The IRS’s kiddie tax rules limit parents’ ability to transfer investment assets to a minor child in order to take advantage of the child’s lower marginal tax bracket.
The kiddie tax applies to the following groups:
- Children under age 18
- Children age 18 whose earned income doesn’t exceed one-half of their support
- Children under age 24 who are full-time students and whose earned income does not exceed one-half of their support (A student is considered full-time if he or she is a full-time student during any part of at least five months during the year.)
Children subject to the kiddie tax are taxed at their parents’ marginal tax rate on any unearned income over an amount indexed for inflation. For 2017, this amount is $2,100. (The first $1,050 of unearned income is tax-free under the child’s standard deduction, and the second $1,050 is taxed at the child’s marginal rate.)
There are two ways to apply the parents’ marginal tax rate to the child’s income:
- Include the income on the parents’ return (certain conditions must be met in order for this option to be available); or
- Report the income on a return for the child, with a special calculation on IRS Form 8615.
Before reporting the income on the parents’ return, you should consider running the numbers to determine if that extra income could mean the reduction or loss of some tax deductions and credits that are phased out as income grows. Additionally, this process will help determine the reporting method that will allow you to pay the least possible tax on the child’s investment earnings.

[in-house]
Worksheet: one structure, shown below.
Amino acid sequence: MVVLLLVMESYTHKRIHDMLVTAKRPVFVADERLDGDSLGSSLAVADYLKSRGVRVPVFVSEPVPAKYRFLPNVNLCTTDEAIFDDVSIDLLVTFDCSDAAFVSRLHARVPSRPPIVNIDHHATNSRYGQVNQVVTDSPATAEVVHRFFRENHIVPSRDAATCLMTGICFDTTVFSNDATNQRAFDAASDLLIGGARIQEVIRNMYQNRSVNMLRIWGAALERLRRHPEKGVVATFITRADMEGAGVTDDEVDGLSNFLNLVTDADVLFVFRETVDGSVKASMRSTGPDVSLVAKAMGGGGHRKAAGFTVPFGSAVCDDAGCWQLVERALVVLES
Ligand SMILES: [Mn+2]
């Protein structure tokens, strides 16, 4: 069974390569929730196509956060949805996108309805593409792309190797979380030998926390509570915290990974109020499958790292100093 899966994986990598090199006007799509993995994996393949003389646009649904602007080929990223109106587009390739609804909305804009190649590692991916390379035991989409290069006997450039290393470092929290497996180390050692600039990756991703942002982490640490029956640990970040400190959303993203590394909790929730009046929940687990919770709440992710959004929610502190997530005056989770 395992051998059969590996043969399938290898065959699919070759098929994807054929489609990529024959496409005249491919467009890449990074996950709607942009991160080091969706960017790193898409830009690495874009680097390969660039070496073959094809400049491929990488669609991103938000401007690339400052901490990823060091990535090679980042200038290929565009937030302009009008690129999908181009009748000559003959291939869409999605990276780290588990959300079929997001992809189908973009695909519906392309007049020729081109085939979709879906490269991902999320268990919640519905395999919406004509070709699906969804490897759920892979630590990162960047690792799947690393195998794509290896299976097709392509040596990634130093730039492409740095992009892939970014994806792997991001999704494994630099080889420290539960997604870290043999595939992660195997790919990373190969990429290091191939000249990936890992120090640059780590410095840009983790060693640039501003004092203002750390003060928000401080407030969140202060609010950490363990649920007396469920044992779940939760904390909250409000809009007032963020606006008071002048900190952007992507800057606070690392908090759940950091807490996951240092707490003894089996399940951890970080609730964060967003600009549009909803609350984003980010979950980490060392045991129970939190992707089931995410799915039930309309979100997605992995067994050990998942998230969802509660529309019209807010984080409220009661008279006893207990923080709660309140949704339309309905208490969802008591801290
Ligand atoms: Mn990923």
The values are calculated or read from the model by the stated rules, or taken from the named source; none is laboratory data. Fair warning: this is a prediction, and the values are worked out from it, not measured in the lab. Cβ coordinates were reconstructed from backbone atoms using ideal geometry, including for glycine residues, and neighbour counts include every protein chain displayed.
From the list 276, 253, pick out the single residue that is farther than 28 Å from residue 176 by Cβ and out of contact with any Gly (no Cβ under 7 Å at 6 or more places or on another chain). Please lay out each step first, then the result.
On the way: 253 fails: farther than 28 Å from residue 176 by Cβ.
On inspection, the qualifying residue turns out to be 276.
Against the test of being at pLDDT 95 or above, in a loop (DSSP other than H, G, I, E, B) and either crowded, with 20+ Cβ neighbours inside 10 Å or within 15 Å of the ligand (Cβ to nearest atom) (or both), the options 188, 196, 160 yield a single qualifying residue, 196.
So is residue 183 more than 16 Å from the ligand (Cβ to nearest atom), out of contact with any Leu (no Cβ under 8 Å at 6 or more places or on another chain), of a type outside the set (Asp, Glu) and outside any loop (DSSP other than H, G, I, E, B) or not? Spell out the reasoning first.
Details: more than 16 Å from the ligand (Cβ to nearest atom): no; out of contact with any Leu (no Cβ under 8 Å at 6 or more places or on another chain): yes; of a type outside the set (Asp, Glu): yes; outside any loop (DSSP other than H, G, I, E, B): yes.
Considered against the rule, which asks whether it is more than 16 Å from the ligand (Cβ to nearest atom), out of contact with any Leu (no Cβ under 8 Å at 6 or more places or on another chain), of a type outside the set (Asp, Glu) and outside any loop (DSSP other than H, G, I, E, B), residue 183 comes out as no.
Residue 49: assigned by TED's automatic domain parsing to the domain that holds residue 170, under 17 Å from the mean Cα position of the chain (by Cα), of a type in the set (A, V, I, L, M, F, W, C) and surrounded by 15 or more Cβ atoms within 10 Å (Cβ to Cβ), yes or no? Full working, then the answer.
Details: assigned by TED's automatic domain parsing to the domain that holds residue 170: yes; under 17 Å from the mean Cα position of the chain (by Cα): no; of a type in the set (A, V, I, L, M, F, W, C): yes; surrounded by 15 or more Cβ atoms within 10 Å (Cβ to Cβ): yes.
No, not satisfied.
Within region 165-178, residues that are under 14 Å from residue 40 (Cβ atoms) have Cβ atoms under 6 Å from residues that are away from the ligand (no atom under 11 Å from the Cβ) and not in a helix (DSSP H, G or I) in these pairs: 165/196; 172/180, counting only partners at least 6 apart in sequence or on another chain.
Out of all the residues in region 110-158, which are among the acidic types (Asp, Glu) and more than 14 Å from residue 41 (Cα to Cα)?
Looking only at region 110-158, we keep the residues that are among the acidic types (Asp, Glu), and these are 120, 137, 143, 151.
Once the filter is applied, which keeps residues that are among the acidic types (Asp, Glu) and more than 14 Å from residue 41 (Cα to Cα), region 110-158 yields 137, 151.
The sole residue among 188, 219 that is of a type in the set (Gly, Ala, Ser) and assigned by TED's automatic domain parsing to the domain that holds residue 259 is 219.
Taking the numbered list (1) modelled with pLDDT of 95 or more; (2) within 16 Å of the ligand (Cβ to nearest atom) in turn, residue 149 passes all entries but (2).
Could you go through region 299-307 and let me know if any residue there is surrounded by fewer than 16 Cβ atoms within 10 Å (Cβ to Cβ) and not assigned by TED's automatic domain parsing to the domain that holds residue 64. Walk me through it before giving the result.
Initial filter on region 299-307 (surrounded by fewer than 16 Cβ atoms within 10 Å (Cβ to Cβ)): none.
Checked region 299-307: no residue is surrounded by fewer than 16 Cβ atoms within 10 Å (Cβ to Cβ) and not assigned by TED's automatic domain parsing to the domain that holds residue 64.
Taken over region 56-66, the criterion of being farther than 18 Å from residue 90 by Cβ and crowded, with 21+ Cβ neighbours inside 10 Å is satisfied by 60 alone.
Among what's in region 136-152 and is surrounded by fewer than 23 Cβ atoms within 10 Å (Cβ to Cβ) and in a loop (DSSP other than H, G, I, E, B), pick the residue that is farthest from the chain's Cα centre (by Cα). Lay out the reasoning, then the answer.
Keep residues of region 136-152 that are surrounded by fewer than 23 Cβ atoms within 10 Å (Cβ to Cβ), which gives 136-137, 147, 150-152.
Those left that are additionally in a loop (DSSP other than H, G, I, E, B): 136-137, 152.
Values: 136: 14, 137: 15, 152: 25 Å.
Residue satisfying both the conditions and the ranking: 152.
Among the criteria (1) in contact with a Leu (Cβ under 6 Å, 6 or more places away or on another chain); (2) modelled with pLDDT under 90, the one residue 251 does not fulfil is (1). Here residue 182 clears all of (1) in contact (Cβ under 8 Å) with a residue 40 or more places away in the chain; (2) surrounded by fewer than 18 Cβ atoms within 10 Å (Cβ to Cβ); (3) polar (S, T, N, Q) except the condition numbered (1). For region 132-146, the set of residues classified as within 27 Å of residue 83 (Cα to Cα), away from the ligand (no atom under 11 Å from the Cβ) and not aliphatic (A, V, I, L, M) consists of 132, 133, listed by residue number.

Tax planning strategies
- Consider investments that potentially generate tax-exempt income, such as municipal bonds*; investments that defer tax, such as U.S. savings bonds; or growth-oriented stocks and growth securities.
- If taxable investment income does not exceed the $2,100 threshold, consider electing to report U.S. savings bond interest each year.
- If the child has earned income, consider investing the assets that are generating taxable investment income in a Roth IRA. Roth IRA qualified distributions generally aren’t subject to income tax.
If you decide on the third option, bear in mind that your contributions are not tax deductible because you can invest only after-tax dollars in a Roth IRA. If you meet certain conditions, your withdrawals will be free from federal income tax, including both contributions and investment earnings. To be eligible for these qualifying distributions, you must meet a five-year holding period requirement and one of the following must apply:
- You have reached age 59½ by the time of the withdrawal.
- The withdrawal is made because of disability.
- The withdrawal (of up to $10,000) is made to pay first-time homebuyer expenses.
- The withdrawal is made by your beneficiary or estate after your death.
*Municipal bonds are federally tax-free but may be subject to state and local taxes, and interest income may be subject to federal alternative minimum tax (AMT).
This material has been provided for general informational purposes only and does not constitute either tax or legal advice. Although we go to great lengths to make sure our information is accurate and useful, we recommend you consult a tax preparer, professional tax advisor, or lawyer.
© 2016 Commonwealth Financial Network®